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The Battle of the Sexes (2017)


The Battle of the Sexes (2017)

Although I did not live during the time that this film is supposed to have taken place, I knew a little bit about the battle of the sexes.  OK, all I really knew was that men and women played tennis against each other in the 1970s to prove which sex was better at sports.  I did not know any specifics.  I knew nothing.

The movie is a true story about how the best women’s tennis player, Billie Jean King (Emma Stone) and former men’s tennis champion, Bobby Riggs (Steve Carell) come to play an exhibition tennis match against each other for the battle of the sexes in 1973.

The rest of the noteworthy cast includes Andrea Riseborough, Bill Pullman, Natalie Morales, Sarah Silverman, Alan Cumming, Elisabeth Shue, Eric Christian Olsen, Fred Armisen, Jessica McNamee, Austin Stowell, Wallace Langham, Lewis Pullman (son of Bill Pullman), and James Mackay.

The movie was written by Simon Beaufoy and directed by Jonathan Dayton and Valerie Faris.

The Battle of the Sexes was very formulaic and predictable.  However, it was a true story that I was truly unfamiliar with.  An exhibition tennis match suddenly becomes a fight for equal pay and equal rights.  It is a feel-good film about working to right a wrong in society.  The movie is an exploration in sexism and surprisingly, sexuality.

This would have been a great time to experience in American History.  To witness this symbolic tennis match (even just on TV), would’ve been witnessing an important time for women’s rights.

The movie does a good job showing just how slanted peoples’ views of men and women were back in the 1970s.  Even though lots of people believe that we still have a lot of work to do when it comes to equals rights for all, this film is definitely a big reminder that we have come a long way.

Emma Stone and Steve Carell were superb pitted against each other (as they were together in Crazy, Stupid, Love. (2011).  The costume design in the movie was excellent.  Stone and Carell looked very much like the people they were portraying.  So much so, that it was a little scary.  The 1970s was recreated very artistically down to every detail.

The movie had a nice recipe of goofy humor, and serious drama.  Like many sports films, it was quite predictable.  It is a formula that we have seen 100 times and it doesn’t get old.  We still enjoy watching the underdog.  It’s a David and Goliath story.  Danielle and Goliath, if you will.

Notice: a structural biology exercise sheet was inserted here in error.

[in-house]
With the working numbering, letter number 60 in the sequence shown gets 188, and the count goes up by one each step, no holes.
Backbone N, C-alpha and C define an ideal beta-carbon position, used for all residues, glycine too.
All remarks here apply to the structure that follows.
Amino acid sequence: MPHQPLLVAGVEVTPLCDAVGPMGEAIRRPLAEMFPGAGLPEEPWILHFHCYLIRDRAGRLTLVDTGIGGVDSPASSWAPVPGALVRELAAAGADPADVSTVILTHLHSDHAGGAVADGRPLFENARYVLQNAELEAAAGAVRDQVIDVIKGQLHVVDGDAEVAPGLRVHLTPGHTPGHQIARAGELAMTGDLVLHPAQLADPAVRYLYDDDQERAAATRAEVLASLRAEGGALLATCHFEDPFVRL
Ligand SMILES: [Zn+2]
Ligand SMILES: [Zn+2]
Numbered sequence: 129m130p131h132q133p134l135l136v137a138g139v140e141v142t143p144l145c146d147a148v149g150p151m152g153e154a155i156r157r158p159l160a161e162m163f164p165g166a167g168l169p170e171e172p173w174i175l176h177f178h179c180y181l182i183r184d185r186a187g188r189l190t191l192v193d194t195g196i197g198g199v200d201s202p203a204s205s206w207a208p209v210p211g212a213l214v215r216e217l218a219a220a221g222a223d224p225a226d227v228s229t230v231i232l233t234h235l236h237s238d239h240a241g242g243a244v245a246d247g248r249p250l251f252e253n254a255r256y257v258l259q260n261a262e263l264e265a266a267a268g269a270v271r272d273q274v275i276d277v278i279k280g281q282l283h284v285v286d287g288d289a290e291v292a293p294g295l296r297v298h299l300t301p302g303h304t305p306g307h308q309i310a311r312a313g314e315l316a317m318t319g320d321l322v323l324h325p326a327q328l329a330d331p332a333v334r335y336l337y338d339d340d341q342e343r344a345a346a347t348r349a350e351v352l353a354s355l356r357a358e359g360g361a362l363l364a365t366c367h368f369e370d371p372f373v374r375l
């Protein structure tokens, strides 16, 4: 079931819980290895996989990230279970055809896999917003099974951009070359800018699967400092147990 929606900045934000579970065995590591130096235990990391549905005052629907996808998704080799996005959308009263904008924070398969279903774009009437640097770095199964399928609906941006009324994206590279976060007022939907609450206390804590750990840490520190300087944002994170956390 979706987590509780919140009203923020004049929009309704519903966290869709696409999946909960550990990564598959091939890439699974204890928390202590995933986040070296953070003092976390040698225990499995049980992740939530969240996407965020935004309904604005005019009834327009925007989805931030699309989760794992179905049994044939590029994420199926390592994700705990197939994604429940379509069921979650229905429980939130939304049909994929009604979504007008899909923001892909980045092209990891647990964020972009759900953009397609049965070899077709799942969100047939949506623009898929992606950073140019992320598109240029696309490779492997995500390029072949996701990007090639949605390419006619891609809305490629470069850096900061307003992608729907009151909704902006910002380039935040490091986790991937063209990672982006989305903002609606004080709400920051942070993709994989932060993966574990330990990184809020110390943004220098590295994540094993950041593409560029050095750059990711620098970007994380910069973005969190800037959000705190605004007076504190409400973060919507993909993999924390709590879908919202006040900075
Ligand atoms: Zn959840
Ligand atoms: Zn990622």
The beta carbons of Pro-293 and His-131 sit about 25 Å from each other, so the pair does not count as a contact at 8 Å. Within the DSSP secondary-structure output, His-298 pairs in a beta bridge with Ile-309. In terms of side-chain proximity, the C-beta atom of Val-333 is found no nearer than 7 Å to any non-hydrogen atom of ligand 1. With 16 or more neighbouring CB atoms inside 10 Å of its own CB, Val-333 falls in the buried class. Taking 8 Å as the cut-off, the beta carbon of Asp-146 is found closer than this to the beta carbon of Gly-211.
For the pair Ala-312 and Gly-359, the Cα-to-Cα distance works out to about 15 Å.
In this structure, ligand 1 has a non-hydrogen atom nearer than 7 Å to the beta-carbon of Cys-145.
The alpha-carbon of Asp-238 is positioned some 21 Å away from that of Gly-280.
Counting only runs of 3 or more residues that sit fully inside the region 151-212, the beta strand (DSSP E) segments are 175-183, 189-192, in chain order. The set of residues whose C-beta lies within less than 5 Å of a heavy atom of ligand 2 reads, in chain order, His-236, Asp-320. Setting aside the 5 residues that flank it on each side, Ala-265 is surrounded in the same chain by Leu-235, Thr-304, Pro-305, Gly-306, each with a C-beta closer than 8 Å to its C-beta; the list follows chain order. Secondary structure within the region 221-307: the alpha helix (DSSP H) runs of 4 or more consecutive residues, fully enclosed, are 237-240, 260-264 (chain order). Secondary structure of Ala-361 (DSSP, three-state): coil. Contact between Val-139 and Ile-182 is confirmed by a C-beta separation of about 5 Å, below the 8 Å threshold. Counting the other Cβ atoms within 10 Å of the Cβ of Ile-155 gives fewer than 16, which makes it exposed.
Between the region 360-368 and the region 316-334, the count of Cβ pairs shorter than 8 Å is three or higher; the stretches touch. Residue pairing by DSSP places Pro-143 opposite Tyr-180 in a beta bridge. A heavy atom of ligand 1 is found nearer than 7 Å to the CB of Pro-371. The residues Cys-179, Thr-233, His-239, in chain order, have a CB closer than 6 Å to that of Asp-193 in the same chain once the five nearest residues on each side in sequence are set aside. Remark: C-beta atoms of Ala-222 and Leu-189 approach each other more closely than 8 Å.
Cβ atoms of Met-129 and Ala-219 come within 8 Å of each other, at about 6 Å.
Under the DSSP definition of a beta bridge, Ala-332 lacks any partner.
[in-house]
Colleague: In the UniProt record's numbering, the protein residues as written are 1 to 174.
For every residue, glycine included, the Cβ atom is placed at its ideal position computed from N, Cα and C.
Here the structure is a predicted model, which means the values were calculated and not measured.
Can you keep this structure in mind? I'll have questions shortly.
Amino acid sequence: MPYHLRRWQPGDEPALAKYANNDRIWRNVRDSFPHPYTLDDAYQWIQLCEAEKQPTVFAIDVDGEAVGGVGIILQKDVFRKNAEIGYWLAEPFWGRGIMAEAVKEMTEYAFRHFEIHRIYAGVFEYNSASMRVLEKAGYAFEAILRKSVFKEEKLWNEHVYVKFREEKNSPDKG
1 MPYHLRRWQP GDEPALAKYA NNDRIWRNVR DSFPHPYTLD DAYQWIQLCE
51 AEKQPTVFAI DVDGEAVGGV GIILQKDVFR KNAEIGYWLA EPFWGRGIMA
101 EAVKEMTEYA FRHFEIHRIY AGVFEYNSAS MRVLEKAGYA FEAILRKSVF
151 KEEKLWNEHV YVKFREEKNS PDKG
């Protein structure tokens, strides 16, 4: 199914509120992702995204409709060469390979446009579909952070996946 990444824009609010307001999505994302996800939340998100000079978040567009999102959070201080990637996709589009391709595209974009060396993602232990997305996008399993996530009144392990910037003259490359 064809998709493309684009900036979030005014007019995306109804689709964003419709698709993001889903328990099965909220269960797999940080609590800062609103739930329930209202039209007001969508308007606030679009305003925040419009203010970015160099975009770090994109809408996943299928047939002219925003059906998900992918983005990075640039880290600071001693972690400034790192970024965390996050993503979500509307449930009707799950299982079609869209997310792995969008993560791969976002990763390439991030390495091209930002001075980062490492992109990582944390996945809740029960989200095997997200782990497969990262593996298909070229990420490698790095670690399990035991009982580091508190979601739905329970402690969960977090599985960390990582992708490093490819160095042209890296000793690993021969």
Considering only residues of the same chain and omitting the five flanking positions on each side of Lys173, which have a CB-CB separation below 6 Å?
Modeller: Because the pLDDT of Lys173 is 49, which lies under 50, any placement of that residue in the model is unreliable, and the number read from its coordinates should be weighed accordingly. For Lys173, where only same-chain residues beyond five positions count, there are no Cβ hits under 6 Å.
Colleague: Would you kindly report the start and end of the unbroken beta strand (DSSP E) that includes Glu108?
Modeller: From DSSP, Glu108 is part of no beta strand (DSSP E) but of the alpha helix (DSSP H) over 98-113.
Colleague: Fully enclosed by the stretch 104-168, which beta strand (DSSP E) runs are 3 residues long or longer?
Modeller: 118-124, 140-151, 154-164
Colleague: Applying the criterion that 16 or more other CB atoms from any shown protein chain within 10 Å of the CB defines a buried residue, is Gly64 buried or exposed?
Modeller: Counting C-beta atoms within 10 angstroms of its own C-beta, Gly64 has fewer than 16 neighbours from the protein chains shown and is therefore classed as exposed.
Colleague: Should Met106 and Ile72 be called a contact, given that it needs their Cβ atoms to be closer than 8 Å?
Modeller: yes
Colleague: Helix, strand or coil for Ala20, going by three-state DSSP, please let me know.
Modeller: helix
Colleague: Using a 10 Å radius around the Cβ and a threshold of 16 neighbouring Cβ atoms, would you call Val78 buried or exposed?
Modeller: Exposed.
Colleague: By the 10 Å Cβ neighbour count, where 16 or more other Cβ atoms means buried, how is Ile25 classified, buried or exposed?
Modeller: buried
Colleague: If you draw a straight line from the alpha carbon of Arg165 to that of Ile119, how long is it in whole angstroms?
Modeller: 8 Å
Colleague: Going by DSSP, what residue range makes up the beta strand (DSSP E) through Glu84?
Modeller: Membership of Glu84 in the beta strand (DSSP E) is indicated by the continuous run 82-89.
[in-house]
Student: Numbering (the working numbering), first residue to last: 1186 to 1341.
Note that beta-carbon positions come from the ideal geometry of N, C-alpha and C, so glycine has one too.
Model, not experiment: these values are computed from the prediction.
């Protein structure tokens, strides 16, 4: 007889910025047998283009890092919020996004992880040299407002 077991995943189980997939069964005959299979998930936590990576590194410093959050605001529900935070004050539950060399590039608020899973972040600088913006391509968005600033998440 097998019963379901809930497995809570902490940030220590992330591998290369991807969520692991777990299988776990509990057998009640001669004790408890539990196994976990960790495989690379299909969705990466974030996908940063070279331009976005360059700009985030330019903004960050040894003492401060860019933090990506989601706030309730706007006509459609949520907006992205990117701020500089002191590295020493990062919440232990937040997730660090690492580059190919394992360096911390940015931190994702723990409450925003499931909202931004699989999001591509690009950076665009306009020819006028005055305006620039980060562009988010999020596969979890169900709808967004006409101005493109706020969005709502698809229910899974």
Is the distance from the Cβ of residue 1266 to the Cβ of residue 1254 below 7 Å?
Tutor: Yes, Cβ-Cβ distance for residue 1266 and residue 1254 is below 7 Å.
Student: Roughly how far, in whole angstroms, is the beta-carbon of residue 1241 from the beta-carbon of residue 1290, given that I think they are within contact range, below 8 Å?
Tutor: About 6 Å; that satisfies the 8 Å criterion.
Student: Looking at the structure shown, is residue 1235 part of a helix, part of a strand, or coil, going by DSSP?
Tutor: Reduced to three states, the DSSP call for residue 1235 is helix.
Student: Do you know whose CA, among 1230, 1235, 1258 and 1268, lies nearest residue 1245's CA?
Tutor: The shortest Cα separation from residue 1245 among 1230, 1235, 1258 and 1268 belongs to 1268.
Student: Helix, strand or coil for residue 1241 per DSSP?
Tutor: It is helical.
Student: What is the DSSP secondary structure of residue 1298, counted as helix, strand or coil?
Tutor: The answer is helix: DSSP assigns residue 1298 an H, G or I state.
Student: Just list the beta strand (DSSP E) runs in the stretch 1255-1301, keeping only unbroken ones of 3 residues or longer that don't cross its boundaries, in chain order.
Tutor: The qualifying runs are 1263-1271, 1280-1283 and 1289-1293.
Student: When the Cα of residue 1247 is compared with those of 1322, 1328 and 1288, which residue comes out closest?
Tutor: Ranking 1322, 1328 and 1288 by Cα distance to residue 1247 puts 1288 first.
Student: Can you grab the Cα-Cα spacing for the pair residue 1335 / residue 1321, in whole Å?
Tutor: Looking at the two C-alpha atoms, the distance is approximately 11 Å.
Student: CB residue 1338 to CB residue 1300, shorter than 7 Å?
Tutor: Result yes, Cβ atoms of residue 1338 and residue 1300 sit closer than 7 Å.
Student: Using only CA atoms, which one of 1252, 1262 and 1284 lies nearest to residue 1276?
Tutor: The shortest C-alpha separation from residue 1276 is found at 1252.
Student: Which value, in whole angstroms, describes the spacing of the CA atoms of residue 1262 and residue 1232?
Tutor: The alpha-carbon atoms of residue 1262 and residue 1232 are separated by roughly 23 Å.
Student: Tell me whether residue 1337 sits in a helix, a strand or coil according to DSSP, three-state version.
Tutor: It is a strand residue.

I rate this movie a 6.5 on a scale of 1-10.

 

If you liked this film then you might also enjoy:

Crazy, Stupid, Love. (2011)

Invincible (2006)

Rocky (1976)

The Natural (1984)

Rudy (1993)

Gangster Squad (2013)

Zombieland (2009)

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All is Lost (2013)


All is Lost Poster

All is Lost (2013)

Usually you cannot go wrong watching a Robert Redford movie.  All is Lost is like no other Redford film because he is the only person in the entire movie.

Of Course, the concept of only one person in a movie has been done a few times before.  Usually movies like this one give the actor the opportunity to show what they are really made of.  Movies like this are risky because one person has to literally carry the whole film on his back.  In Redford’s case, it is up to him whether he sinks or swims.

All is Lost Redford wheel

All is Lost is about a lone sailor who rips a hole in his boat after crashing into a shipping container in the middle of the ocean.  He is forced to use whatever he has on board to try to stay afloat in order to survive.

The film was written and directed by J.C. Chandor and as I mentioned before, Redford is the only person in the movie.

Redford has been behind the camera more often in recent years than he has been in front of the camera.  All is Lost is the second film that he has been in this year.  The first one was The Company You Keep (2012).  Redford is now 77 years old.  It is almost like he has realized that he is not getting any younger and has decided to try to go out with a bang.  What better way to do this than to be the only star in a film and showcase all of your acting skills for the world to see.  He did exactly that in All is Lost and in my opinion, it was his best performance since the film The Natural (1984).  It may also, quite possibly, have been Redford’s best movie overall since The Natural.

All is Lost Redford doorway

All is Lost is not a feel good movie, but it is a movie that might make you feel better about life after watching it.  It is definitely a film that will stick with you.

Because the film is a one-man-show, there is not a lot of talking.  Not just anyone could have starred in this movie, and to me, it was more meaningful that it was Robert Redford who did.  It is a hard story to tell and an even harder part to act.

I think that All is Lost is Redford’s third best movie behind The Sting (1973) and The Natural.  It is hard to beat those two films, and given that they were made 29 years ago and 40 years ago, you really can’t compare them.

All is Lost Redford hanging there

Fans of Redford will not be disappointed with All is Lost.  I think that it is one of the best films of the year.  He deserves an Academy Award nomination for best actor and the film should be nominated for best picture.

I rate this movie a 9 on a scale of 1-10.

Buy, rent, or run?  Buy.

If you liked All is Lost, then you will most likely enjoy the following films:

Wrecked (2010)

The Company You Keep (2012)

Brubaker (1980)

127 Hours (2010)

Buried (2010)

Brake (2012)